Infants born in Australia to mothers from countries with a high prevalence of tuberculosis: to BCG or not to BCG?

Amanda Gwee, Ranmali Rodrigo, Dan Casalaz, Nicole Ritz and Nigel Curtis
Med J Aust 2013; 199 (5): . || doi: 10.5694/mja13.10107
Published online: 2 September 2013

To the Editor: BCG is an effective vaccine to prevent tuberculosis (TB) in young children travelling to countries with a high prevalence of TB.1 Although it does not completely mitigate the risk of developing TB, nor the need for preventive therapy after a significant TB exposure, it provides about 80% protection against the severe forms of TB that affect infants and young children.2 In Australia, routine BCG vaccination ceased in 1985, and vaccination of children now effectively relies on the initiative of parents. A study in the United Kingdom reported that only 6% of parents were aware of national BCG vaccination recommendations.3 We aimed to determine the proportion of mothers from high-TB-prevalence countries giving birth in Australia who were planning to travel to these countries with their newborn child, and to assess their knowledge of the need to BCG-vaccinate their child.

  • 1 Royal Children’s Hospital, Melbourne, VIC.
  • 2 Mercy Hospital for Women, Melbourne, VIC.
  • 3 Department of Paediatrics, University of Melbourne and Murdoch Childrens Research Institute, Melbourne, VIC.
  • 4 University Children’s Hospital, Basel, Switzerland.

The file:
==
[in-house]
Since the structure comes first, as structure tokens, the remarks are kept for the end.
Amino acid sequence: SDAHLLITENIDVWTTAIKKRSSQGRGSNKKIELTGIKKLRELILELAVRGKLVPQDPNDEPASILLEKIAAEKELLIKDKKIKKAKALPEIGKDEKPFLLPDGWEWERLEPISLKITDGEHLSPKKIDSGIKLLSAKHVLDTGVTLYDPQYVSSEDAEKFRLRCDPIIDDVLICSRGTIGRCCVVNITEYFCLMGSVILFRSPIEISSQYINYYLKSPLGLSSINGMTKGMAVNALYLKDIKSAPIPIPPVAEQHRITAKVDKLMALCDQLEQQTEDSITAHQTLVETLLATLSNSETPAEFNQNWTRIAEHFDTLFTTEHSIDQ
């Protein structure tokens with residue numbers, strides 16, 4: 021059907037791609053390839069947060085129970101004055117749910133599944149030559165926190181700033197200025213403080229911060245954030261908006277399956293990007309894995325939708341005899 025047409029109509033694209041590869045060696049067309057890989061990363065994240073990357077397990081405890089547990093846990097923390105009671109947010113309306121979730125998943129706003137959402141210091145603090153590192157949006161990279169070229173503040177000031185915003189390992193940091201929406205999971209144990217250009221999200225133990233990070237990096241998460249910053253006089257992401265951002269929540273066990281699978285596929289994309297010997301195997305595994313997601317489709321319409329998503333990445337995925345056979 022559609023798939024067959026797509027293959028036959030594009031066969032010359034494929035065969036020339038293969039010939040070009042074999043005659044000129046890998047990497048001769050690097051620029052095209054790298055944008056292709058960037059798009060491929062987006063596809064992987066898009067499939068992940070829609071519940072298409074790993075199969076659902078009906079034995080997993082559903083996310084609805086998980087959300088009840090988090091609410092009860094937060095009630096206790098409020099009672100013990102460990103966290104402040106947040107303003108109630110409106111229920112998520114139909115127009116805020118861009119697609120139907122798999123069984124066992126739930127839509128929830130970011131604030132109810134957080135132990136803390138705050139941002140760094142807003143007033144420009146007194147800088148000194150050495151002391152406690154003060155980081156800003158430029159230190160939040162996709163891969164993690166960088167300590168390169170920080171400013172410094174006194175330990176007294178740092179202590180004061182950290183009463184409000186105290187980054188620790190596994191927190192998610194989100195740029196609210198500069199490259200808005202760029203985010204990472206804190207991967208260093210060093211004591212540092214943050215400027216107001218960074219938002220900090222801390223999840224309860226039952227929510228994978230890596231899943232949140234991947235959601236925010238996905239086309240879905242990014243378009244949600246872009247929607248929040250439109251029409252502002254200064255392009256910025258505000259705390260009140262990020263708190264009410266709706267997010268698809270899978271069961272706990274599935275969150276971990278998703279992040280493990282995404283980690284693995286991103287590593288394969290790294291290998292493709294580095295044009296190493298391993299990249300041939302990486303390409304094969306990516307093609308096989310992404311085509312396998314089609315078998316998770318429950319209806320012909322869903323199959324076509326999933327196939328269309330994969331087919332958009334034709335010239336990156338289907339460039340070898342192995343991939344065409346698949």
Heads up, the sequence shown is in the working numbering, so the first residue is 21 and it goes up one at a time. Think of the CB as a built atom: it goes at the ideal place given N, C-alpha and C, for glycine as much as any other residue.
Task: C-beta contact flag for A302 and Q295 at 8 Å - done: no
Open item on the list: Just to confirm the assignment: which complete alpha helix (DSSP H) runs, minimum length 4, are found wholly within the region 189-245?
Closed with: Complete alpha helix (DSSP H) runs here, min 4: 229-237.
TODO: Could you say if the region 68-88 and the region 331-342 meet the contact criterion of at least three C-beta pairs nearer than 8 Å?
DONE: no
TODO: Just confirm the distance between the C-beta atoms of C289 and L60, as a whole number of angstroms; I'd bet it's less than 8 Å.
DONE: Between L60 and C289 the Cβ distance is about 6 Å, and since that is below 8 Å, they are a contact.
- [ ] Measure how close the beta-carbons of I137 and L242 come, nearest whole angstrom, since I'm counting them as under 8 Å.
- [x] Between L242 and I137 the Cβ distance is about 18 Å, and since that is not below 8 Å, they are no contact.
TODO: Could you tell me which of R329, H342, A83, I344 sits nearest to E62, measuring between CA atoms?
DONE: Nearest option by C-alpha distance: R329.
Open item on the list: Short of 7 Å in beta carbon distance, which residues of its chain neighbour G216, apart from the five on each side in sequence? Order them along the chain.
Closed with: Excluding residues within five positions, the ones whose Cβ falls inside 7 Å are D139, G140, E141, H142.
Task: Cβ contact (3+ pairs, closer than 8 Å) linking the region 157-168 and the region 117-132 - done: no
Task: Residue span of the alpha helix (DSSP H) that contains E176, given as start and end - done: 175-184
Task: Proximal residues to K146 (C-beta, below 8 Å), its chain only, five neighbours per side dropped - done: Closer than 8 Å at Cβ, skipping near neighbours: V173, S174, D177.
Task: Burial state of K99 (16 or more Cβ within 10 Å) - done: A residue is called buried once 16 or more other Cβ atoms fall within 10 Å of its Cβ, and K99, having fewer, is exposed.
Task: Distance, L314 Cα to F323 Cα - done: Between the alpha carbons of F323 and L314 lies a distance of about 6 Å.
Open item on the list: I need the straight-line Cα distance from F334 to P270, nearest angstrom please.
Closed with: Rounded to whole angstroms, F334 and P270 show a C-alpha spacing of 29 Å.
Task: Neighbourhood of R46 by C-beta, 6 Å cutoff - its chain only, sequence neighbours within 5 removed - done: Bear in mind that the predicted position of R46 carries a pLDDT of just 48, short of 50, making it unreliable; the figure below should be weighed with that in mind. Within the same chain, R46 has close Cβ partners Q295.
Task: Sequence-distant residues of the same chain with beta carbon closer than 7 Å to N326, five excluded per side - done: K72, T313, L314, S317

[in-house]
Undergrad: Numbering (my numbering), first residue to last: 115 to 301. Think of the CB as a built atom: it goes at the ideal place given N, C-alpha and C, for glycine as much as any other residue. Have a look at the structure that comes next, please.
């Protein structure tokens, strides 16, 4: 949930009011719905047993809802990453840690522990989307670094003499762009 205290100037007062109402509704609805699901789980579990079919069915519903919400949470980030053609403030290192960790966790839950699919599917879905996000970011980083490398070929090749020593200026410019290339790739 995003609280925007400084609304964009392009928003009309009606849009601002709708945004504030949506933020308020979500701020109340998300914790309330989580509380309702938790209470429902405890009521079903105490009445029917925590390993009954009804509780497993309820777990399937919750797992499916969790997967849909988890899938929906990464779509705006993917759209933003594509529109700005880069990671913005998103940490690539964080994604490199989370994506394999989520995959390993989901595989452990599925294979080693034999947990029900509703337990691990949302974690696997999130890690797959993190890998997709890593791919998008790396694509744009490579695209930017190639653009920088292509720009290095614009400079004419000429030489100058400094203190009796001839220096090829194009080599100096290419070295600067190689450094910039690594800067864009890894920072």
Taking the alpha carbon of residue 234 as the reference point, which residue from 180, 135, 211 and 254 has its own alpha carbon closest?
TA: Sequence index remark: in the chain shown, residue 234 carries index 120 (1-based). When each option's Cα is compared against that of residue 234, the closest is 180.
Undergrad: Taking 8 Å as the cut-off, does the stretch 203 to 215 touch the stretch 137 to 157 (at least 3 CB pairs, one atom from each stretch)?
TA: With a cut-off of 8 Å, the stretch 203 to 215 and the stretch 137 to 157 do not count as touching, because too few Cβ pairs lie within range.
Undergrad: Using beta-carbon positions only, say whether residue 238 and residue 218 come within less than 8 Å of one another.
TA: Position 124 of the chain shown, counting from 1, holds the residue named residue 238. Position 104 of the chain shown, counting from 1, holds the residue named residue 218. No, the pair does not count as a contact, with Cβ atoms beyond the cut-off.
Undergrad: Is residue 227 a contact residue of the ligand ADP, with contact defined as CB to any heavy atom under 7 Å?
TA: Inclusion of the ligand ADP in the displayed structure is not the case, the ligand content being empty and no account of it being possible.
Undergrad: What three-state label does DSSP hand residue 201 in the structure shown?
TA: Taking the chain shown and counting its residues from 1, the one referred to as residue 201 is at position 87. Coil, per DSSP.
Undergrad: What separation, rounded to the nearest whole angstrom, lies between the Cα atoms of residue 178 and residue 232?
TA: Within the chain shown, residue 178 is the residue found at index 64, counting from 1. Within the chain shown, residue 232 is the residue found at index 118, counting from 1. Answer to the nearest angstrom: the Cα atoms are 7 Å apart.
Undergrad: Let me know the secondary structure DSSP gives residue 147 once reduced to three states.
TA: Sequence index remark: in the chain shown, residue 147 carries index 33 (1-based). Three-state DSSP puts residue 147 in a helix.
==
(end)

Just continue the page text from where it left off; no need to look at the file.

Competing interests:

No relevant disclosures.

  • 1. Ritz N, Connell TG, Curtis N. To BCG or not to BCG? Preventing travel-associated tuberculosis in children. Vaccine 2008; 26: 5905-5910.
  • 2. Trunz BB, Fine P, Dye C. Effect of BCG vaccination on childhood tuberculous meningitis and miliary tuberculosis worldwide: a meta-analysis and assessment of cost-effectiveness. Lancet 2006; 367: 1173-1180.
  • 3. Gordon M, Roberts H, Odeka E. Knowledge and attitudes of parents and professionals to neonatal BCG vaccination in light of recent UK policy changes: a questionnaire study. BMC Infect Dis 2007; 7: 82.
  • 4. Fulford M, Keystone JS. Health risks associated with visiting friends and relatives in developing countries. Curr Infect Dis Rep 2005; 7: 48-53.


remove_circle_outline Delete Author
add_circle_outline Add Author

Do you have any competing interests to declare? *

I/we agree to assign copyright to the Medical Journal of Australia and agree to the Conditions of publication *
I/we agree to the Terms of use of the Medical Journal of Australia *
Email me when people comment on this article

Online responses are no longer available. Please refer to our instructions for authors page for more information.